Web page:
A Vancouver woman who launched her own financial tech firm is suing her former backers, alleging that they stole the company from her.
Kathryn Loewen, a software developer turned startup entrepreneur, filed a 46-page civil lawsuit in California Superior Court on Jan. 22, accusing seven defendants of fraud and financial improprieties.
Loewen says her former investors conspired to push Control Mobile Inc., her Vancouver-based startup, into receivership, pushing her out. After that, she says, they bought her intellectual property and assets in a foreclosure sale for $1.8 million.
Loewen's complaint alleges that the new owner then had the company appraised at close to $90 million. That appraisal could not be verified.
Rise and fall
Having spent 15 years working in finance for companies including Apple and Toyota, and earning a master's degree in business administration from Royal Roads University in Victoria, Loewen developed a payment analytics tool and founded Control Mobile in 2013.
She designed apps to enable business owners to oversee operations from their phone, and lobbied Silicon Valley for funding. By 2015, Loewen had secured $1.2 million in venture capital funding.
Her civil lawsuit, which was later moved to the United State District Court of the Northern District of California, outlines how she was then allegedly pushed out of the company while her investors — whom she says manipulated a health crisis in her family to hasten her exit — set up secret deals to make "gobs of cash" once they got rid of her.
In May 30, 2016, Loewen says she was invited on a tour around San Francisco Bay on a 50-foot racing boat, stocked with "an abundance of alcohol," and was allegedly encouraged by her host, her first investor, to drink.
That's when she says she first met John McDonnell III, who had 20 years experience in finance and got involved with her company.
'Orchestrate a financial crisis'
But Loewen alleges that McDonnell and another principal "intentionally" kept her and other board members "in the dark" about promising business deals "so that they could ultimately orchestrate a financial crisis and take over the company."
In the complaint she alleges that McDonnell manipulated Control Mobile's cash flow to cause her "mental distress" and to "create and exacerbate" the company's precarious financial state.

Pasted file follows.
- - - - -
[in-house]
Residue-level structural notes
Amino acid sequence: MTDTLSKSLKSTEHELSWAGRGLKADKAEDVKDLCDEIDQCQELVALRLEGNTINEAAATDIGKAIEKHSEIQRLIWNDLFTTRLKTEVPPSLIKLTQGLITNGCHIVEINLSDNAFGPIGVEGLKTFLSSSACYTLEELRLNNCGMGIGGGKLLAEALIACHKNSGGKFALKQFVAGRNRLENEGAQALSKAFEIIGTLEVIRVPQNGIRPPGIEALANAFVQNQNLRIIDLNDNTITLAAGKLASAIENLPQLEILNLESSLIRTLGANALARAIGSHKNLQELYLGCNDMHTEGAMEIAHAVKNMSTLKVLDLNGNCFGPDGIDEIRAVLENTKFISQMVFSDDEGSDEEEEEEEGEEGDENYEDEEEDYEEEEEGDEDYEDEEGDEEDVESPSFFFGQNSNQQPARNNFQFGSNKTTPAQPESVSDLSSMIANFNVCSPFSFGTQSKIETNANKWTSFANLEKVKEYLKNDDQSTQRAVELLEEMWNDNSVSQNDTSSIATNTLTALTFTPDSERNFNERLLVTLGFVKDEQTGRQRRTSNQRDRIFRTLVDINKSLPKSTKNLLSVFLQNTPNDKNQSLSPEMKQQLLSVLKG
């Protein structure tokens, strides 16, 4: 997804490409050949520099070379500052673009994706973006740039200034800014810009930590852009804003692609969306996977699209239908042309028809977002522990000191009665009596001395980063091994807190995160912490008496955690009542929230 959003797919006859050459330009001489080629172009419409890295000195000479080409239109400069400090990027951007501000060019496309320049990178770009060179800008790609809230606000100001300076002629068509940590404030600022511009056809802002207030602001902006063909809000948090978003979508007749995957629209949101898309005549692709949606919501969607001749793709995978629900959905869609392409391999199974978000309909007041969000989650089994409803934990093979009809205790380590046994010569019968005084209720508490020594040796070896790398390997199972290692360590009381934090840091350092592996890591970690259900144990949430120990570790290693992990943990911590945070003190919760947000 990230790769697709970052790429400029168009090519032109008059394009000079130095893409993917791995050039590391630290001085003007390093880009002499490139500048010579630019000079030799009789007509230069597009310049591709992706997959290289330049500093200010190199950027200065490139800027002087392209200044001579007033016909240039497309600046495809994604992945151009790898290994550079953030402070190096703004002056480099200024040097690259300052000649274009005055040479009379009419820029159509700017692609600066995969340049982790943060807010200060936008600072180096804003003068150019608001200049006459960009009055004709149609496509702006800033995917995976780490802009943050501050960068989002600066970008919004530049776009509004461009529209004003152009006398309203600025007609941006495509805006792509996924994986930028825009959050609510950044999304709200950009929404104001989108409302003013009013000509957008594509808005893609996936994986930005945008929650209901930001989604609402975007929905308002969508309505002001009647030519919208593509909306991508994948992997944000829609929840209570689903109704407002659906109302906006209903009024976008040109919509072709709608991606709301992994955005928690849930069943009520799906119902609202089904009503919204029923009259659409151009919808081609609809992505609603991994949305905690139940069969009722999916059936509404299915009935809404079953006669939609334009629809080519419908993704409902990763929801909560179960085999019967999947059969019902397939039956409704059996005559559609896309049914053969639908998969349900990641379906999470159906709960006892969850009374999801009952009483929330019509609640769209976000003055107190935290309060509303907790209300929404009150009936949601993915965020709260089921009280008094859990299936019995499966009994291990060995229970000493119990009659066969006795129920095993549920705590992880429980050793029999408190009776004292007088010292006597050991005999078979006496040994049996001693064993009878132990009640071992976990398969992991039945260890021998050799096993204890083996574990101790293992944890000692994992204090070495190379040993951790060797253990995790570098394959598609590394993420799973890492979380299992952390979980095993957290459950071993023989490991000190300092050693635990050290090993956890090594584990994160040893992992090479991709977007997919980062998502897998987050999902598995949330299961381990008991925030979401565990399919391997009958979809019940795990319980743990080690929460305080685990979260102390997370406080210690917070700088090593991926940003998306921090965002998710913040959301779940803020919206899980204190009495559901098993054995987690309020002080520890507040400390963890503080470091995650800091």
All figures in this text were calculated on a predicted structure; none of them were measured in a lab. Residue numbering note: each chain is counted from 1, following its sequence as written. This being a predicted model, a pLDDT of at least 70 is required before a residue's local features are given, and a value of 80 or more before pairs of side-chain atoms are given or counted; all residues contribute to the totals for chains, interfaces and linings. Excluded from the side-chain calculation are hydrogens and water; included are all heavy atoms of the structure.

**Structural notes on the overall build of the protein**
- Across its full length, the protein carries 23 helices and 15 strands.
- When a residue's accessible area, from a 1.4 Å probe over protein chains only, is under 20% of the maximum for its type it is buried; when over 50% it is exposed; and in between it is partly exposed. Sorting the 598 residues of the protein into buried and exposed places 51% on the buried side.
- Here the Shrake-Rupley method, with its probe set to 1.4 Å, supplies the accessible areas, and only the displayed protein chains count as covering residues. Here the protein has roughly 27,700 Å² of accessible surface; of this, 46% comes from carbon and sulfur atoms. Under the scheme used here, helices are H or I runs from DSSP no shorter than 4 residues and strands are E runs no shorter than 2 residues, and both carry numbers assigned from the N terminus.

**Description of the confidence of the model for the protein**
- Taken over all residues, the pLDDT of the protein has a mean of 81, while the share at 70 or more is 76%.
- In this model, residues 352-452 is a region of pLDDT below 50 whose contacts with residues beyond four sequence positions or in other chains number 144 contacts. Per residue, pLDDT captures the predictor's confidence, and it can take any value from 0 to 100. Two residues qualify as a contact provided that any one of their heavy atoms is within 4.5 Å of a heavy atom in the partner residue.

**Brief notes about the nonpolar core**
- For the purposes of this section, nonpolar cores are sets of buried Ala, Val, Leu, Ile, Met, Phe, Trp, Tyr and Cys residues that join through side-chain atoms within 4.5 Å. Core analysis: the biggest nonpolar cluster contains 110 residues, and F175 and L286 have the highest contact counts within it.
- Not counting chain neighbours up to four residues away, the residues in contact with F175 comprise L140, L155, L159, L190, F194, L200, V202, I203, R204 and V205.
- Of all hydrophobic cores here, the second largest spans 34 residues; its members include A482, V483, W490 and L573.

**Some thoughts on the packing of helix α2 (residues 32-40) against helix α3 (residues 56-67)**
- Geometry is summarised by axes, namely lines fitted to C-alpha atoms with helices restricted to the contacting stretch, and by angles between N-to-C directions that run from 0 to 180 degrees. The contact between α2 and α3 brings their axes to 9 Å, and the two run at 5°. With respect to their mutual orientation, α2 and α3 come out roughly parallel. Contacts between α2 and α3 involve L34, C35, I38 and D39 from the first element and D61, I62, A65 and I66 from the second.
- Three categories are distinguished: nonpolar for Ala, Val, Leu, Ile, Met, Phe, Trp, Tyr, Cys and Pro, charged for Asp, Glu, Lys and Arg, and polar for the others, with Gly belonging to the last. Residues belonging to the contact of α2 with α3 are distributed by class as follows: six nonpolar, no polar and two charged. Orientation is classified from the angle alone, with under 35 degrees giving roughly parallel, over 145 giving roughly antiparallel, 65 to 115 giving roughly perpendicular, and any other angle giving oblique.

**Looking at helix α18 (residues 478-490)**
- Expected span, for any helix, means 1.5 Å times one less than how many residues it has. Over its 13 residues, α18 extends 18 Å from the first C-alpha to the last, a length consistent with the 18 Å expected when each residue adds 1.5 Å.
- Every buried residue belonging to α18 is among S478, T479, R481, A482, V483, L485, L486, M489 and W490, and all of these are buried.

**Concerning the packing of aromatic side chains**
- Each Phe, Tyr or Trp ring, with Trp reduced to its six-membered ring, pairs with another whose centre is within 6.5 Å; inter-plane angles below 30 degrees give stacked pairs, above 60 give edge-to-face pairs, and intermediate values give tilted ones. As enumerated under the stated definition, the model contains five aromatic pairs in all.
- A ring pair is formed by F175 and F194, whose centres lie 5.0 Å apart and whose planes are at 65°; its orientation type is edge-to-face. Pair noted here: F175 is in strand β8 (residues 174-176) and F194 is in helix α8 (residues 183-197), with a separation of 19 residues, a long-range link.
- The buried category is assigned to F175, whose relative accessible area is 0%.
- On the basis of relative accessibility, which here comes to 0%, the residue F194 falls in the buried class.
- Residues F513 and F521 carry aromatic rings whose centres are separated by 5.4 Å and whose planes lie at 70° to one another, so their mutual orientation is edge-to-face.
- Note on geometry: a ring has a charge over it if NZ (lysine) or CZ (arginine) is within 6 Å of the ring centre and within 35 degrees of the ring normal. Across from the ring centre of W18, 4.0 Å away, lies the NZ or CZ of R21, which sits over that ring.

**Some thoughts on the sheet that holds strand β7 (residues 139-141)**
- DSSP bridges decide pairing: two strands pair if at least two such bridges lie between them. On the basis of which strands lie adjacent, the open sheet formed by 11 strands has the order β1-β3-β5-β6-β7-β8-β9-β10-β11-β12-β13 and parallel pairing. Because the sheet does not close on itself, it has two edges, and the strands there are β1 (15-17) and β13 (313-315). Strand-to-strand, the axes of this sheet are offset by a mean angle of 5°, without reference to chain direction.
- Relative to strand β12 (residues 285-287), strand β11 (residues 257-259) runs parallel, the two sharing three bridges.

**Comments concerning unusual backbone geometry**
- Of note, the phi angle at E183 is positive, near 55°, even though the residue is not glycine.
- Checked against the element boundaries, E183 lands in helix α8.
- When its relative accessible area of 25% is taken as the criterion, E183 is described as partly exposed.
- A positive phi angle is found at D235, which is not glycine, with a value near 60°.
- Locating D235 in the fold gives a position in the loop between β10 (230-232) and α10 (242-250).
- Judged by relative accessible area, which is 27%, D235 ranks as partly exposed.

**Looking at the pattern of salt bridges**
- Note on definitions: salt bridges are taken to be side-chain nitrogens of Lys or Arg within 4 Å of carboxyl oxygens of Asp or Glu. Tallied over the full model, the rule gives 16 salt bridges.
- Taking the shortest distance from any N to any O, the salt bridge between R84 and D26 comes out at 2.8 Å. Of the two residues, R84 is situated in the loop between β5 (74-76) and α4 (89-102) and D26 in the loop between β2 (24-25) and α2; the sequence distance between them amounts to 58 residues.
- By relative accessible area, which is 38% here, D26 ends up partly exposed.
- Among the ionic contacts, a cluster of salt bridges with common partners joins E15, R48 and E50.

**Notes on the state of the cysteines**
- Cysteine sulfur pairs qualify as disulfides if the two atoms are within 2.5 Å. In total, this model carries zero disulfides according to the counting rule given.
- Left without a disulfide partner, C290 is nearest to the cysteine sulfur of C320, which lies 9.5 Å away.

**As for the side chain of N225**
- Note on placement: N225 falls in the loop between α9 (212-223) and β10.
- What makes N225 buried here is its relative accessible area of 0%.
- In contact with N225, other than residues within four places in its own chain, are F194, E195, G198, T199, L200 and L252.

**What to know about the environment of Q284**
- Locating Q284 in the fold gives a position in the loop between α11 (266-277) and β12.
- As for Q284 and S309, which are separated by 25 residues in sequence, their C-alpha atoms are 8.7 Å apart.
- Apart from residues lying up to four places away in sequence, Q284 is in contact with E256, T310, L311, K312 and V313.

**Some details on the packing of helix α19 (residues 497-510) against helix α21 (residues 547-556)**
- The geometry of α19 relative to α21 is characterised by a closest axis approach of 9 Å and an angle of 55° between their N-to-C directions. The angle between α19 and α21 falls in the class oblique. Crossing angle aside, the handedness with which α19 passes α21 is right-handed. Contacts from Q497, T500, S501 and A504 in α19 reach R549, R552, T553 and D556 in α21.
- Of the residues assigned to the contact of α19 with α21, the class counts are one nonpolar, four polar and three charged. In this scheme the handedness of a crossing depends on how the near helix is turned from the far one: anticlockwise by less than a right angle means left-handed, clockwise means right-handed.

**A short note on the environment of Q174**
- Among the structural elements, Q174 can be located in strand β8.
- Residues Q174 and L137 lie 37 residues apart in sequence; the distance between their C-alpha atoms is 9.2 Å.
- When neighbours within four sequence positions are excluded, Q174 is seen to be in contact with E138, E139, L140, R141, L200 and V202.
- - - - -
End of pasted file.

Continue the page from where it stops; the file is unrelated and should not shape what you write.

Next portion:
By November 2017, Loewen alleges she was urged to step down as CEO and McDonnell took over, saying he could get more funding in that role.
Behind the scenes, McDonnell and investor Michael Bradley began discussing "a number of lucrative and valuable deals" without telling her or the board, it's alleged.
On Nov. 18, 2017, four days after McDonnell took over as CEO, Bradley allegedly sent him an email reading, in part: "...upon selling this thing for gobs of cash and revolutionizing how small businesses are run, we go into making indie films."
Loewen alleges this email points to a plot to push her out while she dealt with a family crisis.
In December 2017 Loewen says she learned her niece was stricken with bacterial meningitis, and she "hung within seconds of death for weeks," leaving Loewen distraught and often absent from work.
While under this stress, she says she was blamed for the company's financial troubles, faced derogatory comments about her mental health and was accused of substance abuse problems.
By February 2018, McDonnell had allegedly barred Loewen's return to work, and then accused her of $465,000 in "inappropriate" expenses.
In March 2018, Loewen says, McDonnell filed a complaint to Vancouver Police Department accusing her of fraud.
VPD did not answer questions about this, and no record of charges were filed in B.C.
In April 2018, Control Mobile went into receivership. Loewen's claim says McDonnell and his company bid and won it for $1.8 million, taking over in June. She says Control Mobile was appraised at $90 million just weeks later.
Seven defendants are named in the suit: John McDonnell III, the McDonnell Group, Jack McDonnell II, Tony Van Brackler, Michael Bradley, Gary Bender and Carneros Bay Capital.
Loewen is accusing the defendants, variously based in the states of California, Florida, Utah and Maryland, of breach of fiduciary duty, fraud, defamation and intentional infliction of emotional distress. She is also accusing McDonnell of defamation and slander.
She is suing for damages of an unknown amount.
Neither the plaintiff nor the defendants' lawyers returned calls for comment.
The allegations have not been proven and the defendants have asked for more time to prepare a reply.